In the forming of worldview of an individual, ideology is located to its reflected, active dimension, the philosophy of life in the first place. In media, this is most apparent when an individual or a group of people establishes a cultural periodical, a blog or further his or her political agenda in social media, for instance. However, ideology is different from the philosophy of life as it is always intended for several individuals, whereas philosophy of life can be understood on an individual level as well. On the other hand, media operate also in the ‘passive’, subconscious side of worldview, mentality, when they present and represent ideologically loaded formations of everyday life as ‘natural.’ Signifying ‘hidden’ encoded meanings through ‘common sense’ make ideologies powerful when represented in media, both through facts and fiction.
According to the well-known Marxist idea by structuralist Louis Althusser, media are one of the ‘ideological state apparatuses’ and, according to cultural theoretician Stuart Hall, the mass media are crucial in producing, reproducing and moulding ideologies. Ideologies have not been a focus of interest in the field of humanities and social sciences in recent decades, but the comeback of propaganda in the forms of ’trolling’, ‘disinformation’ and ‘post-truth politics’ has evoked to rethink the power of ideologies in the media sphere. It has also resulted in a newly found interest in the history of propaganda as part of the wider media historical field. Analysing the role of different ideologies – through propaganda or other forms media content and production – in media history provides wider perspectives in understanding our current media landscape.
In the forthcoming book this will be done by focusing on the Nordic region. The Nordic countries have many social and cultural similarities, including the press and broadcasting systems. In comparing media systems, Daniel C. Hallin and Paolo Mancini famously classified the Nordic countries belonging to the democratic-corporative model that is characterised by high newspaper circulation, historically strong party press, strong professionalisation, institutionalised self-regulation and strong public-service broadcasting. Other common denominators for these countries have been the early spread of literacy into the lower social groups and the Protestant religion. Furthermore, the similarities between Nordic countries constitute a perfect area for a regional media history against not only a European but also a global backdrop. On the other hand, despite the similarities, the Nordic countries also have many national peculiarities, such as different histories in the forming of political left, the feminist movement or the relationships with the East and West during the Cold War.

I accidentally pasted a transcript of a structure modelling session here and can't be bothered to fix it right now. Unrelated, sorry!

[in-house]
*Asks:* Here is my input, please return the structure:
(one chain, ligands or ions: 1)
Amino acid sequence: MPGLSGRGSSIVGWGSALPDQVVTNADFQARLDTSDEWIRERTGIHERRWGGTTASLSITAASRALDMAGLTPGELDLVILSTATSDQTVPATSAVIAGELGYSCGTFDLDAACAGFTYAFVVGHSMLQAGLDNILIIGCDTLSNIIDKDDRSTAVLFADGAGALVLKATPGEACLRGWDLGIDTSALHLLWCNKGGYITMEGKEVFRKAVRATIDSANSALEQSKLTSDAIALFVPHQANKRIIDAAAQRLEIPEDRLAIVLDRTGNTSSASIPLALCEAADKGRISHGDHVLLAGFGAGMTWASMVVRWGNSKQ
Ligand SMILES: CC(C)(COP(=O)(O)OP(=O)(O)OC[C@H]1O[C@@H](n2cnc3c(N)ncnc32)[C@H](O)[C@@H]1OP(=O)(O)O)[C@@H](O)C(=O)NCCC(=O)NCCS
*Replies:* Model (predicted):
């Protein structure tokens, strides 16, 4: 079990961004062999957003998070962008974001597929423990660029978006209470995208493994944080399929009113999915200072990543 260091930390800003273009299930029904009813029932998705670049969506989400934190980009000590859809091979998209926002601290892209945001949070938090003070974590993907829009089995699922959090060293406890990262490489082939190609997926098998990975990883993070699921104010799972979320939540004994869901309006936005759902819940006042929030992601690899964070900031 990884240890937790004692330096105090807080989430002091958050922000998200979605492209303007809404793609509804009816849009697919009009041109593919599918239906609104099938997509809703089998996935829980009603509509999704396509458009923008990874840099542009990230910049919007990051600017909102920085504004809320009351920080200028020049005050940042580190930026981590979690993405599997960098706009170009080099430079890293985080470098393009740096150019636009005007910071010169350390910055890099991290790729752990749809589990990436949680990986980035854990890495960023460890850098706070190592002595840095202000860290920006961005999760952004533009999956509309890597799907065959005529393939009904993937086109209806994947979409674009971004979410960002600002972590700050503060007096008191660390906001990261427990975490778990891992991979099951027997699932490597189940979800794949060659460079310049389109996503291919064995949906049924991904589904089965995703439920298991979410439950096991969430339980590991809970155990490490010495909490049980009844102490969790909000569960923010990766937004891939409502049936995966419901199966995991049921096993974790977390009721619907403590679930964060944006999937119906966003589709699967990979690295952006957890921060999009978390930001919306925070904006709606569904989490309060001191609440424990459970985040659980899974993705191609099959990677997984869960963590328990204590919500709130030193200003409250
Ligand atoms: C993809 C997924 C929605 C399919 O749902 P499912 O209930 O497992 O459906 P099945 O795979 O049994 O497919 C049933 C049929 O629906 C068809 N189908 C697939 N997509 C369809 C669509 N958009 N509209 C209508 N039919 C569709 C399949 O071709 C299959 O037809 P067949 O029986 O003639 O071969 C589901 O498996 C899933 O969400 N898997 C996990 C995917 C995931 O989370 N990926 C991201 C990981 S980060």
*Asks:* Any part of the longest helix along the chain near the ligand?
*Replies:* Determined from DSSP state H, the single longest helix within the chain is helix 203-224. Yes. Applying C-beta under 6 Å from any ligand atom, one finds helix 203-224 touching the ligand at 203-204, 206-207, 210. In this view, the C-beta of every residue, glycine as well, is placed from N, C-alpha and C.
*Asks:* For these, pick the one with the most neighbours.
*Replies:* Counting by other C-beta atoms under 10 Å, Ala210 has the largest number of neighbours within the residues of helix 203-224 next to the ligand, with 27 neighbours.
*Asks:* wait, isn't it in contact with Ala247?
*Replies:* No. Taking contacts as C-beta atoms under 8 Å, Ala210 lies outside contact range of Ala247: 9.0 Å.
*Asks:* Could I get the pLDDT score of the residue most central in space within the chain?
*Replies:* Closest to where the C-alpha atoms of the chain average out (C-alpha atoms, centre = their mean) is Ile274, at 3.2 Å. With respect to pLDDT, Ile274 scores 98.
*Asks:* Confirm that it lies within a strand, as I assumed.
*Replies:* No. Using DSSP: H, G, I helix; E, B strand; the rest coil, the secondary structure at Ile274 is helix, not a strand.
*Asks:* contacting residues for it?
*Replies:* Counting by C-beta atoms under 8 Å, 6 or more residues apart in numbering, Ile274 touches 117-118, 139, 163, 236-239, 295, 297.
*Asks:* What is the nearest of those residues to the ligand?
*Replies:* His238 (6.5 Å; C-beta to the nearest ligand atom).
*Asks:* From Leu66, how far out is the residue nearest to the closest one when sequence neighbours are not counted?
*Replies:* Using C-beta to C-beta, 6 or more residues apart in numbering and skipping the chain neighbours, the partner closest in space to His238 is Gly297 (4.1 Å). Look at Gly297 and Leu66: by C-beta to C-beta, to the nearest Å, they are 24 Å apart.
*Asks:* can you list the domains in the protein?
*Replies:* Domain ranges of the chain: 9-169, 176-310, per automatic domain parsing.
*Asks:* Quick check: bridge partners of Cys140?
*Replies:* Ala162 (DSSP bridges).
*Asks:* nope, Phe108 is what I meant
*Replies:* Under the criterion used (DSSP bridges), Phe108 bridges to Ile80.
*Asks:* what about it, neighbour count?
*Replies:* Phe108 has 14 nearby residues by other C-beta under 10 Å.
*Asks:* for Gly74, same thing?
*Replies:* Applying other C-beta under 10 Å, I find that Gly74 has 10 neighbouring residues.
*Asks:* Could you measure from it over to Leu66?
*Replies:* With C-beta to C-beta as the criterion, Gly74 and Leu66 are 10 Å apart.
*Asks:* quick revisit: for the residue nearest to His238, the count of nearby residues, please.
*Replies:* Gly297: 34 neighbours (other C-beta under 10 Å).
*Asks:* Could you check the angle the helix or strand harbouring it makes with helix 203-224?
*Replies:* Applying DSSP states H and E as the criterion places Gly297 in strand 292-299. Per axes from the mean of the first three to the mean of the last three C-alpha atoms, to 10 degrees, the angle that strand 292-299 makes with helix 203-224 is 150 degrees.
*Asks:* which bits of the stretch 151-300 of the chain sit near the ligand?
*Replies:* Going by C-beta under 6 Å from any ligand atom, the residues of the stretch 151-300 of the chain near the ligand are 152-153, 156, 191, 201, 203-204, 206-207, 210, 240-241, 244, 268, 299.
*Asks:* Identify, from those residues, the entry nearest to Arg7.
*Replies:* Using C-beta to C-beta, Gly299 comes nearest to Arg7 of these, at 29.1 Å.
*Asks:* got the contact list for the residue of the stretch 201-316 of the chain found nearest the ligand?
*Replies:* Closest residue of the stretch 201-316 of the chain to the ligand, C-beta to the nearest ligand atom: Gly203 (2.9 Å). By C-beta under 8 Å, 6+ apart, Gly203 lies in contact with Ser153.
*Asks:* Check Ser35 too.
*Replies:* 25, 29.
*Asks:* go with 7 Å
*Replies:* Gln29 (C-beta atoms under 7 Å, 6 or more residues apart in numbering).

We welcome articles that are widely interested in the role of ideologies in the Nordic media history. The articles can study, but are not limited to, openly political ideologies, such as social democracy, environmentalism, feminism, liberalism, communism and fascism in their different forms. Or they could include wider ideological formations that are not limited to one political movement, such as populism, nationalism and conservatism. Articles could also trace such ‘everyday ideologies’ as commercialization, consumerism, rationalism, regulation, deregulation, equality, emancipation and bureaucracy in the Nordic media history. Besides news bulletin, journalism and media institution, the articles can study the ideologies through the different fictional media content such as film and television series.
We especially encourage articles that approach the Nordic media history either conducting comparative studies between the Nordic countries or making transnational media historical research – that is analysing either exchanges and interactions in media between the Nordic countries or tracing trends, patterns, organisations and individuals that have been living in between and through the Nordic countries.
Article proposals (max. 500 words) are due on November 30, 2020. Submissions should be sent to the editors through email. A notice of acceptance of abstracts will be sent to selected authors by mid-December 2020. Based on the first round of abstract, a symposium will be organised with the selected authors in the early 2021. A follow-up symposium will be arranged in the autumn 2021.
Articles (between 8,000 – 10,000 words) will be due on January 31, 2022.
All articles will be peer-reviewed. The book will be published in autumn 2022 or spring 2023 by Vernon Press, which is an independent publisher of scholarly books in the social sciences and humanities.